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article imageGreenland's ice melting is being accelerated by bacteria

By Tim Sandle     Jan 20, 2021 in Environment
While global warming is the trigger, there is a role being played by microorganisms that is contributing to the sea level rise around the coast of Greenland. New research identifies the sun activated process.
Rutgers University scientists have identified class of bacteria (cyanobacteria) that plays a role in the environmental changes around Greenland. It appears that bacteria residing in meltwater stream sediment are contributing to the island's role in causing the sea-level to rise.
The bacteria are undertaking activities that are leading to a faster melting on the Greenland ice sheet. This is occurring because the bacteria are creating conditions whereby the sunlight-absorbing sediment starts to clump together and accumulate in the meltwater streams.
In terms of what is happening, the events demonstrate vividly the interconnectedness of the ecosystem. Other causes of climate change have led to decreases in cloud cover and increases in temperature. In turn, this has led to the bacteria generating more extensively. The growth patterns and greater biomass of the bacteria are leading to more sediment clumping, which exposes the sediment to more sunlight, and leads to far more sediment-driven ice melting,
As an example, hydrological models of a 425-foot-long stream located in southwest Greenland show that the sediment covers around 25 percent of the stream bottom. This is far more than the estimated 1.2 percent that would exist if organic matter and cyanobacteria did not cause sediment granules to clump together. Due to the activities of cyanobacteria, the affected streams have a brilliant blue color. While this might be pretty to observe, the coloration signals a major climate problem.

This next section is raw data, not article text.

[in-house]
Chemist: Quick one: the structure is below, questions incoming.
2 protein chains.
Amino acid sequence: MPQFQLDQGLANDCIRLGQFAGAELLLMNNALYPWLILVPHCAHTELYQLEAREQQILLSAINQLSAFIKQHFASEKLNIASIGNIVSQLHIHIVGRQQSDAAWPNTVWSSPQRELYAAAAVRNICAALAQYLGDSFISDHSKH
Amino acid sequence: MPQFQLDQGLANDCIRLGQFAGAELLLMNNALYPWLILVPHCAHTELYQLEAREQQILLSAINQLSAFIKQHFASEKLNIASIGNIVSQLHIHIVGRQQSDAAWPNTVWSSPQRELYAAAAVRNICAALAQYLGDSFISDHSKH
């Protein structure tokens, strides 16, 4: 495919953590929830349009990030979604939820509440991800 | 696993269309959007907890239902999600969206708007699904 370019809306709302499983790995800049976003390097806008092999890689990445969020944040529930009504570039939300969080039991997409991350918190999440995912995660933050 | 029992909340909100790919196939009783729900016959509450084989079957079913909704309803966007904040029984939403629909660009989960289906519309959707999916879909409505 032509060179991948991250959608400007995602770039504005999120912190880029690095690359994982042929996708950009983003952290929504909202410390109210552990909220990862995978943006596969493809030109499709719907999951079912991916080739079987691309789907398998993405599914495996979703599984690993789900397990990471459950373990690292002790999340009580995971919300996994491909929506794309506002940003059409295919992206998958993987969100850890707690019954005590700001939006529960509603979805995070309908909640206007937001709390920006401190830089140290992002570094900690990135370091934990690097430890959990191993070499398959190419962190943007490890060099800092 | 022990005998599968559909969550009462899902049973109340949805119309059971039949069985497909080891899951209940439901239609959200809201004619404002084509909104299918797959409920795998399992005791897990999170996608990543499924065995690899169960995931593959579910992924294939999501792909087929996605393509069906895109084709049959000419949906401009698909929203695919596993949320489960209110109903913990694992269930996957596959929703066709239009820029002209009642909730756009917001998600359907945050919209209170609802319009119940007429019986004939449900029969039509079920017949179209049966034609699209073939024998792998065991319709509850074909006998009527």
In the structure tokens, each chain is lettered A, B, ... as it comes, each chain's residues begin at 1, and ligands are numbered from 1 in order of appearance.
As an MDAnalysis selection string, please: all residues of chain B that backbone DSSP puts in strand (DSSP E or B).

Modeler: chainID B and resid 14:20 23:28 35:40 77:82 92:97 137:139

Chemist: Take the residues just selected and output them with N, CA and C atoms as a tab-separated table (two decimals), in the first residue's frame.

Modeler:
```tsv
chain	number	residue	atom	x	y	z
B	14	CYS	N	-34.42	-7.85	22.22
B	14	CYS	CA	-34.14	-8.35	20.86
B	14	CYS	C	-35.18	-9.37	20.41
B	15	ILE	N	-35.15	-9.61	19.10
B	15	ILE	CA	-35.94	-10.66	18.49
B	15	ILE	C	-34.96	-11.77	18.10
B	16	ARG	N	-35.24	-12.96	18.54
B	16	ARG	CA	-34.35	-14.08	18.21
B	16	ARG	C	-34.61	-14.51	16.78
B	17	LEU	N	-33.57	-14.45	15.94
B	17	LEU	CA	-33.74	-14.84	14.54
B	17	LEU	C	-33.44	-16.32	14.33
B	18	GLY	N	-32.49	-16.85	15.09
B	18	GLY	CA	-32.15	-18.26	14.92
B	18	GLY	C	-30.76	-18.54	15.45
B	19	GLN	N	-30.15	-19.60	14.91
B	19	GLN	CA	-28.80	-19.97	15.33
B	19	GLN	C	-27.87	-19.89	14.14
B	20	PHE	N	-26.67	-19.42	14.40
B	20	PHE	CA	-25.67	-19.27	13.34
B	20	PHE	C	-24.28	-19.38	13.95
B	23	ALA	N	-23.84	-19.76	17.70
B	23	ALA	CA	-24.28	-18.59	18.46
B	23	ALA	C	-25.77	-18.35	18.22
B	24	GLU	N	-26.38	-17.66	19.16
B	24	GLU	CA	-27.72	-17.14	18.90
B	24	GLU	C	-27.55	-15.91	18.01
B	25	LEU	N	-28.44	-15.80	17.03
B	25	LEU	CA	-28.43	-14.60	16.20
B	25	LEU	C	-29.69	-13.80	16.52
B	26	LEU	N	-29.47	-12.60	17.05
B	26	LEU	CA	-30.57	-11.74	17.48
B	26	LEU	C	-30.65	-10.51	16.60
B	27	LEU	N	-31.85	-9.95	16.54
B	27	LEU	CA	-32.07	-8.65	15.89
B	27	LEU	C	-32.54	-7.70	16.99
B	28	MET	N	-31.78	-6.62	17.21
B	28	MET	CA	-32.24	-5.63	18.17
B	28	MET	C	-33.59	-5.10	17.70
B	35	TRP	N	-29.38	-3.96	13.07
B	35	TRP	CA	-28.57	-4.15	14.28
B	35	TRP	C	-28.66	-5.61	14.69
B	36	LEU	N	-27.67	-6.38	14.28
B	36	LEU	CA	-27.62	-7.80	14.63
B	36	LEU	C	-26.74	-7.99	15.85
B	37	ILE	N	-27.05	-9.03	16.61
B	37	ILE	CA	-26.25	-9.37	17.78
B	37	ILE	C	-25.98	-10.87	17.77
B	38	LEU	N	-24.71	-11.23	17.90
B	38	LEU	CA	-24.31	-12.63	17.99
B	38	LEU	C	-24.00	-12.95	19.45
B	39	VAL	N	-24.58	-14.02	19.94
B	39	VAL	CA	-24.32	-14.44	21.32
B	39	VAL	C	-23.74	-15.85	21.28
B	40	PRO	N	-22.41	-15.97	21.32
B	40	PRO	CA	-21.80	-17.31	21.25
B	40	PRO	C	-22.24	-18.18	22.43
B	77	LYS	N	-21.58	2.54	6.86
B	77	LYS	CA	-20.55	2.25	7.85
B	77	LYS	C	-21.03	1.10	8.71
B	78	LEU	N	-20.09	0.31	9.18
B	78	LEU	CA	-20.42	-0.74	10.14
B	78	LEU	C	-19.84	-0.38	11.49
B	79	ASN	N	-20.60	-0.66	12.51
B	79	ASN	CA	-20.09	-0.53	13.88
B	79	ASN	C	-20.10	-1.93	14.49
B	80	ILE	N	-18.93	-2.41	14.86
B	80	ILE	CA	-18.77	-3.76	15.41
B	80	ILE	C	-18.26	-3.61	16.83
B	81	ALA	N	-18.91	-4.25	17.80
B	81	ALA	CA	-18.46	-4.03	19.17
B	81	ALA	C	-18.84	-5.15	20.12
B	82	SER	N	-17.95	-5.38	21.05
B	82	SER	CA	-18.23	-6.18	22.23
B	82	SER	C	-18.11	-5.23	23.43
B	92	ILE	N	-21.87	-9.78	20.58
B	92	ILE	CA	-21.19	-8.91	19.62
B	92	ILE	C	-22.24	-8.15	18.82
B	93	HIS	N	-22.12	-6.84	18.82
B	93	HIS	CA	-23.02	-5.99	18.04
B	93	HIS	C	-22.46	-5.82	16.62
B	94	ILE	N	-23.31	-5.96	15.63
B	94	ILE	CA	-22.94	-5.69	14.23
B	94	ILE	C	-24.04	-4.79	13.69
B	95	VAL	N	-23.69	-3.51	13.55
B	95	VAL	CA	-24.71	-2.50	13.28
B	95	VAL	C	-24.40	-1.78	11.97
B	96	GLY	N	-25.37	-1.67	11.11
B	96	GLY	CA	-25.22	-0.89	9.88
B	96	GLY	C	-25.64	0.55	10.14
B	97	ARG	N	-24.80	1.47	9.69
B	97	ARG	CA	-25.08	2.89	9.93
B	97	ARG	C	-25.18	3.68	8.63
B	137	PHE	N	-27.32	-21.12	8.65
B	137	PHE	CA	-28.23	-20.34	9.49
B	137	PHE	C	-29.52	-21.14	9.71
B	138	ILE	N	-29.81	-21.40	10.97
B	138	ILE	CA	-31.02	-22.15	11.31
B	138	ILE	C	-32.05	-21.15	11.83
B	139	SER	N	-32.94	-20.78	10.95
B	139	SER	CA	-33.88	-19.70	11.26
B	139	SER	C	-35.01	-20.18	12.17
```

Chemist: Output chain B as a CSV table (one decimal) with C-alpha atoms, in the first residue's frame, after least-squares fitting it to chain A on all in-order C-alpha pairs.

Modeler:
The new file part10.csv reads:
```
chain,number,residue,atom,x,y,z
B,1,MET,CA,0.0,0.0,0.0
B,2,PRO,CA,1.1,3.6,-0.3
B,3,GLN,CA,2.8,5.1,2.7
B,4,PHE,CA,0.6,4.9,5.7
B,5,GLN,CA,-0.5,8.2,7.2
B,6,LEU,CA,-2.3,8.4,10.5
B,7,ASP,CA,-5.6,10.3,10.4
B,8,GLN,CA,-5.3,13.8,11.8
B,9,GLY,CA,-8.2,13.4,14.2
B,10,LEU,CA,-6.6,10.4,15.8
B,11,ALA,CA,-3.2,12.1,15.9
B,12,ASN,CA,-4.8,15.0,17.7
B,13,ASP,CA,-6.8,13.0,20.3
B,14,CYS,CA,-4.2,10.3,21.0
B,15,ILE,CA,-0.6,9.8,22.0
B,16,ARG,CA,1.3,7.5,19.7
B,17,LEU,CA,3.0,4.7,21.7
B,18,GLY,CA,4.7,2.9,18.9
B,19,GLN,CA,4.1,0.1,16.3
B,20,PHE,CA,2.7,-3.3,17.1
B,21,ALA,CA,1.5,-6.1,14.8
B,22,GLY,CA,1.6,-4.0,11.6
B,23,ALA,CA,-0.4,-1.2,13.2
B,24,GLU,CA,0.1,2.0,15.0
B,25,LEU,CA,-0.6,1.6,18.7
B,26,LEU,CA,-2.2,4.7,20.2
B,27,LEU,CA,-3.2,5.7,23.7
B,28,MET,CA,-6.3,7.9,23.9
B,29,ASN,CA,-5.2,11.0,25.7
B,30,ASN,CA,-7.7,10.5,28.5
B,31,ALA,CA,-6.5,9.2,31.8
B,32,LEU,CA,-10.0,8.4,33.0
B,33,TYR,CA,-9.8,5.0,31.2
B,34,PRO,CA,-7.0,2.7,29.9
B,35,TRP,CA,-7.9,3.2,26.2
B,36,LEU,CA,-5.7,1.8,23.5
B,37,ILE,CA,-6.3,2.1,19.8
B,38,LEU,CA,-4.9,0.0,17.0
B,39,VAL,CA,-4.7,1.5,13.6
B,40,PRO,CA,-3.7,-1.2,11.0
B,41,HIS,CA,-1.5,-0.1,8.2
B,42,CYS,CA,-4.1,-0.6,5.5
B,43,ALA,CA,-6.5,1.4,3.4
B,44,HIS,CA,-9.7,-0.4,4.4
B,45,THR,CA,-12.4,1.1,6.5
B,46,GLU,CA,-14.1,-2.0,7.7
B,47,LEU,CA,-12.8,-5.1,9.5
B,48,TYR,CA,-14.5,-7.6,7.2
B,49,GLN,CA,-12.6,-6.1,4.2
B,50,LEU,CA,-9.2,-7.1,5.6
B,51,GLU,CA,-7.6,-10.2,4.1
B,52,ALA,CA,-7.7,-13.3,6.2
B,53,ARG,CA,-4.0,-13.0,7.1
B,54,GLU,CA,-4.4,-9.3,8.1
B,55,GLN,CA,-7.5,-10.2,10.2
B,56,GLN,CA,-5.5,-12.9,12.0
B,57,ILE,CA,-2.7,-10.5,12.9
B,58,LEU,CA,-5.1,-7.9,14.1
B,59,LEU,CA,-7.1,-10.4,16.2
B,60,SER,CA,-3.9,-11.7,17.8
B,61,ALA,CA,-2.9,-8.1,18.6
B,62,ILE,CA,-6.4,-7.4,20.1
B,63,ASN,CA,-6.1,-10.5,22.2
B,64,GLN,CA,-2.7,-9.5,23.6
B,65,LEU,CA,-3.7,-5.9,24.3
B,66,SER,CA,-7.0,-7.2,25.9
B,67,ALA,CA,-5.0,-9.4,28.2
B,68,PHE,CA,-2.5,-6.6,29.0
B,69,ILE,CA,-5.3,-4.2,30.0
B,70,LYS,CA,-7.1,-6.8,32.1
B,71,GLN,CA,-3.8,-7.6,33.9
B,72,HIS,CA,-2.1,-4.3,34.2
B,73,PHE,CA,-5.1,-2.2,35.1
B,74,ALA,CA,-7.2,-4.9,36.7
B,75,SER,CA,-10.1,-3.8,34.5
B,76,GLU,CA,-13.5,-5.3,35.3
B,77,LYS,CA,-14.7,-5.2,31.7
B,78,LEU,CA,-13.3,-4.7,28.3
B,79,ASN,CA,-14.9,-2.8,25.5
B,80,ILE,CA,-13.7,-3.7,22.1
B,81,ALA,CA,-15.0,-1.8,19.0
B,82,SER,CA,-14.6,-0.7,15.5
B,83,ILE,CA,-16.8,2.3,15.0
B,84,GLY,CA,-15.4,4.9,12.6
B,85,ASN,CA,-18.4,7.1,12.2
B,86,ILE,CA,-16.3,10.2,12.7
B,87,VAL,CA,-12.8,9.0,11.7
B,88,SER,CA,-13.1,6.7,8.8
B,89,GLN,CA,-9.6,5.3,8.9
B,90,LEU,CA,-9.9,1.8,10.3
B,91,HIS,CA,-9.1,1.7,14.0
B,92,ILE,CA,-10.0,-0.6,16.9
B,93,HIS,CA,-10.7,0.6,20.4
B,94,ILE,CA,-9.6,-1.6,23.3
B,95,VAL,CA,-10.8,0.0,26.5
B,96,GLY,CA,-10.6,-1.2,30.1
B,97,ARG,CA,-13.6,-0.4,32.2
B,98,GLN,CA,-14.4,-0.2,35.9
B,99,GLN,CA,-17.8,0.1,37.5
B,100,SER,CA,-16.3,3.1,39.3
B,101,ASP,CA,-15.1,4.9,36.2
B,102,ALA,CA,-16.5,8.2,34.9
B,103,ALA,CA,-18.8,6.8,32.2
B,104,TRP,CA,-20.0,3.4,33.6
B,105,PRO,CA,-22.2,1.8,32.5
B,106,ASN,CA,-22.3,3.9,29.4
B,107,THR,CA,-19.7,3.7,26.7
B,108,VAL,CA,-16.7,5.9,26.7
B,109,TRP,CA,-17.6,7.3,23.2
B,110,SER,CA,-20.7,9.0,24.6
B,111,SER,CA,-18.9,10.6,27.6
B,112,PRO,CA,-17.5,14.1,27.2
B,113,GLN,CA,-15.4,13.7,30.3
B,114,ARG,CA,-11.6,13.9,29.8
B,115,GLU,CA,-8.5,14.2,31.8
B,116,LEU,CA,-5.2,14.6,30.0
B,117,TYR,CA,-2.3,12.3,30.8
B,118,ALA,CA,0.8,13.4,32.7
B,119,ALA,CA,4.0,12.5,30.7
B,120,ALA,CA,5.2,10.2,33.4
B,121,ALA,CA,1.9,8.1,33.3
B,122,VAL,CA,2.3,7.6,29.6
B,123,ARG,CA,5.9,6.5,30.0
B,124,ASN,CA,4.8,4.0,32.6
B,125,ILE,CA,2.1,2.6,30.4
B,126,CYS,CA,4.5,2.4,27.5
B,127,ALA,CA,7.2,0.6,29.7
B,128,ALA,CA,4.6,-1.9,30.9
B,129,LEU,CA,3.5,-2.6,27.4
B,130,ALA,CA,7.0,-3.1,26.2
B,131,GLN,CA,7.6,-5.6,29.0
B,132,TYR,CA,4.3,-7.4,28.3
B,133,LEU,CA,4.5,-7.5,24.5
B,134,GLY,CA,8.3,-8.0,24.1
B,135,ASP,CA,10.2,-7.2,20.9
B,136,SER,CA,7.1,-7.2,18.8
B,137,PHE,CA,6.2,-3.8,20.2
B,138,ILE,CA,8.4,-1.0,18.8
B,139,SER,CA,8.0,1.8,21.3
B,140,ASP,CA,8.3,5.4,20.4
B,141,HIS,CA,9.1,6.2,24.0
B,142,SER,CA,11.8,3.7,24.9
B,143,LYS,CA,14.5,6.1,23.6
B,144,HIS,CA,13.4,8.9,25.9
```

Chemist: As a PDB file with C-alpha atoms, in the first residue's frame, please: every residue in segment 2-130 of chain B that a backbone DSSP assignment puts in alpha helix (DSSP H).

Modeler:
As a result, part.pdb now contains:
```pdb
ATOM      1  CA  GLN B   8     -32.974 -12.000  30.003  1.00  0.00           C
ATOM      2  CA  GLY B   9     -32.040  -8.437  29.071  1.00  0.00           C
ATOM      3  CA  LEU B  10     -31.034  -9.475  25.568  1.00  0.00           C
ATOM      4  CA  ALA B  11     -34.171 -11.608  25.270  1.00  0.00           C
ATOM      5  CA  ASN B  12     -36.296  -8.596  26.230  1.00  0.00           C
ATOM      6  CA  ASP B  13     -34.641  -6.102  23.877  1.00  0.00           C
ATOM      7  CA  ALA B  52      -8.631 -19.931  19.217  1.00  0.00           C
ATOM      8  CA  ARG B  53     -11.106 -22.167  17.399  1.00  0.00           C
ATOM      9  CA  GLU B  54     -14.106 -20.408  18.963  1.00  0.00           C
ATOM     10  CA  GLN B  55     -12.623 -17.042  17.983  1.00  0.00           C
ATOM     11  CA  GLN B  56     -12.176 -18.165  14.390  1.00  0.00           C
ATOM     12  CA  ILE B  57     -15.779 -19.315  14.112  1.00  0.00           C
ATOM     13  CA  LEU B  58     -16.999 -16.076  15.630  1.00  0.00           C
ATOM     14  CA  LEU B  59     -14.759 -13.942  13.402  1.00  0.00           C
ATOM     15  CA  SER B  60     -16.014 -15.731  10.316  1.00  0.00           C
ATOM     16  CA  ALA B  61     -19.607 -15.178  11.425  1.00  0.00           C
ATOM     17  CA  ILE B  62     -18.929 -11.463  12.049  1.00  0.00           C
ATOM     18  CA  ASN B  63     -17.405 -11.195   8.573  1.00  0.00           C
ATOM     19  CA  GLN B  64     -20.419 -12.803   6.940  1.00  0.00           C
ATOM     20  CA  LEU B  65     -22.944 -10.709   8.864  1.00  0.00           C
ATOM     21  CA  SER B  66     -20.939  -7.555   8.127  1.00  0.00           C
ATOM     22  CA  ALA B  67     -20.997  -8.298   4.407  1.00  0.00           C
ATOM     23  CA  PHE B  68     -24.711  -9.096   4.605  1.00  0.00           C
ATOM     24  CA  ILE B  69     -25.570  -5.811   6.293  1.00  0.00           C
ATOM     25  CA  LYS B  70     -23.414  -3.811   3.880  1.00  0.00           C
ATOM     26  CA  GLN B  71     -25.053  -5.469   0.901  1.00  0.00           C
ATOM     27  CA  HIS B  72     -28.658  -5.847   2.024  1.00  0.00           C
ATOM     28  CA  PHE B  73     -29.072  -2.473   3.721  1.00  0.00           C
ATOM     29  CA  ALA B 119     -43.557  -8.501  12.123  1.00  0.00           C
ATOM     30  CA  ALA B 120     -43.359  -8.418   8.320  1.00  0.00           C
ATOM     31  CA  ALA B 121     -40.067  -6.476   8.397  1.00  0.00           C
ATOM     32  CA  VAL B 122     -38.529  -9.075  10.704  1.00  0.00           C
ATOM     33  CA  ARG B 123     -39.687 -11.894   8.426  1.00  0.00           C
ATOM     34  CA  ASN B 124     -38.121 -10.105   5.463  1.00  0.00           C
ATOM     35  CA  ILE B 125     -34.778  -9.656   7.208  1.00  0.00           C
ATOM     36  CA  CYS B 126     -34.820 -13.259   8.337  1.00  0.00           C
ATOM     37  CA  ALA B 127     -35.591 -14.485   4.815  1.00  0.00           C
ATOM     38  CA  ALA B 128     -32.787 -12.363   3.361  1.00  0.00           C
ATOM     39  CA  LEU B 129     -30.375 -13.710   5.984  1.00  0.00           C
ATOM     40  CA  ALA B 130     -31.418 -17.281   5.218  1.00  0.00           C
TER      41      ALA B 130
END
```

The significance of the finding extends to these types of data patterns being incorporated in climate models. Such data could result in more accurate predictions of melting and overall climate impact being made.
The research findings appear in the journal Geophysical Research Letters. The research paper is titled "The Presence and Widespread Distribution of Dark Sediment in Greenland Ice Sheet Supraglacial Streams Implies Substantial Impact of Microbial Communities on Sediment Deposition and Albedo."
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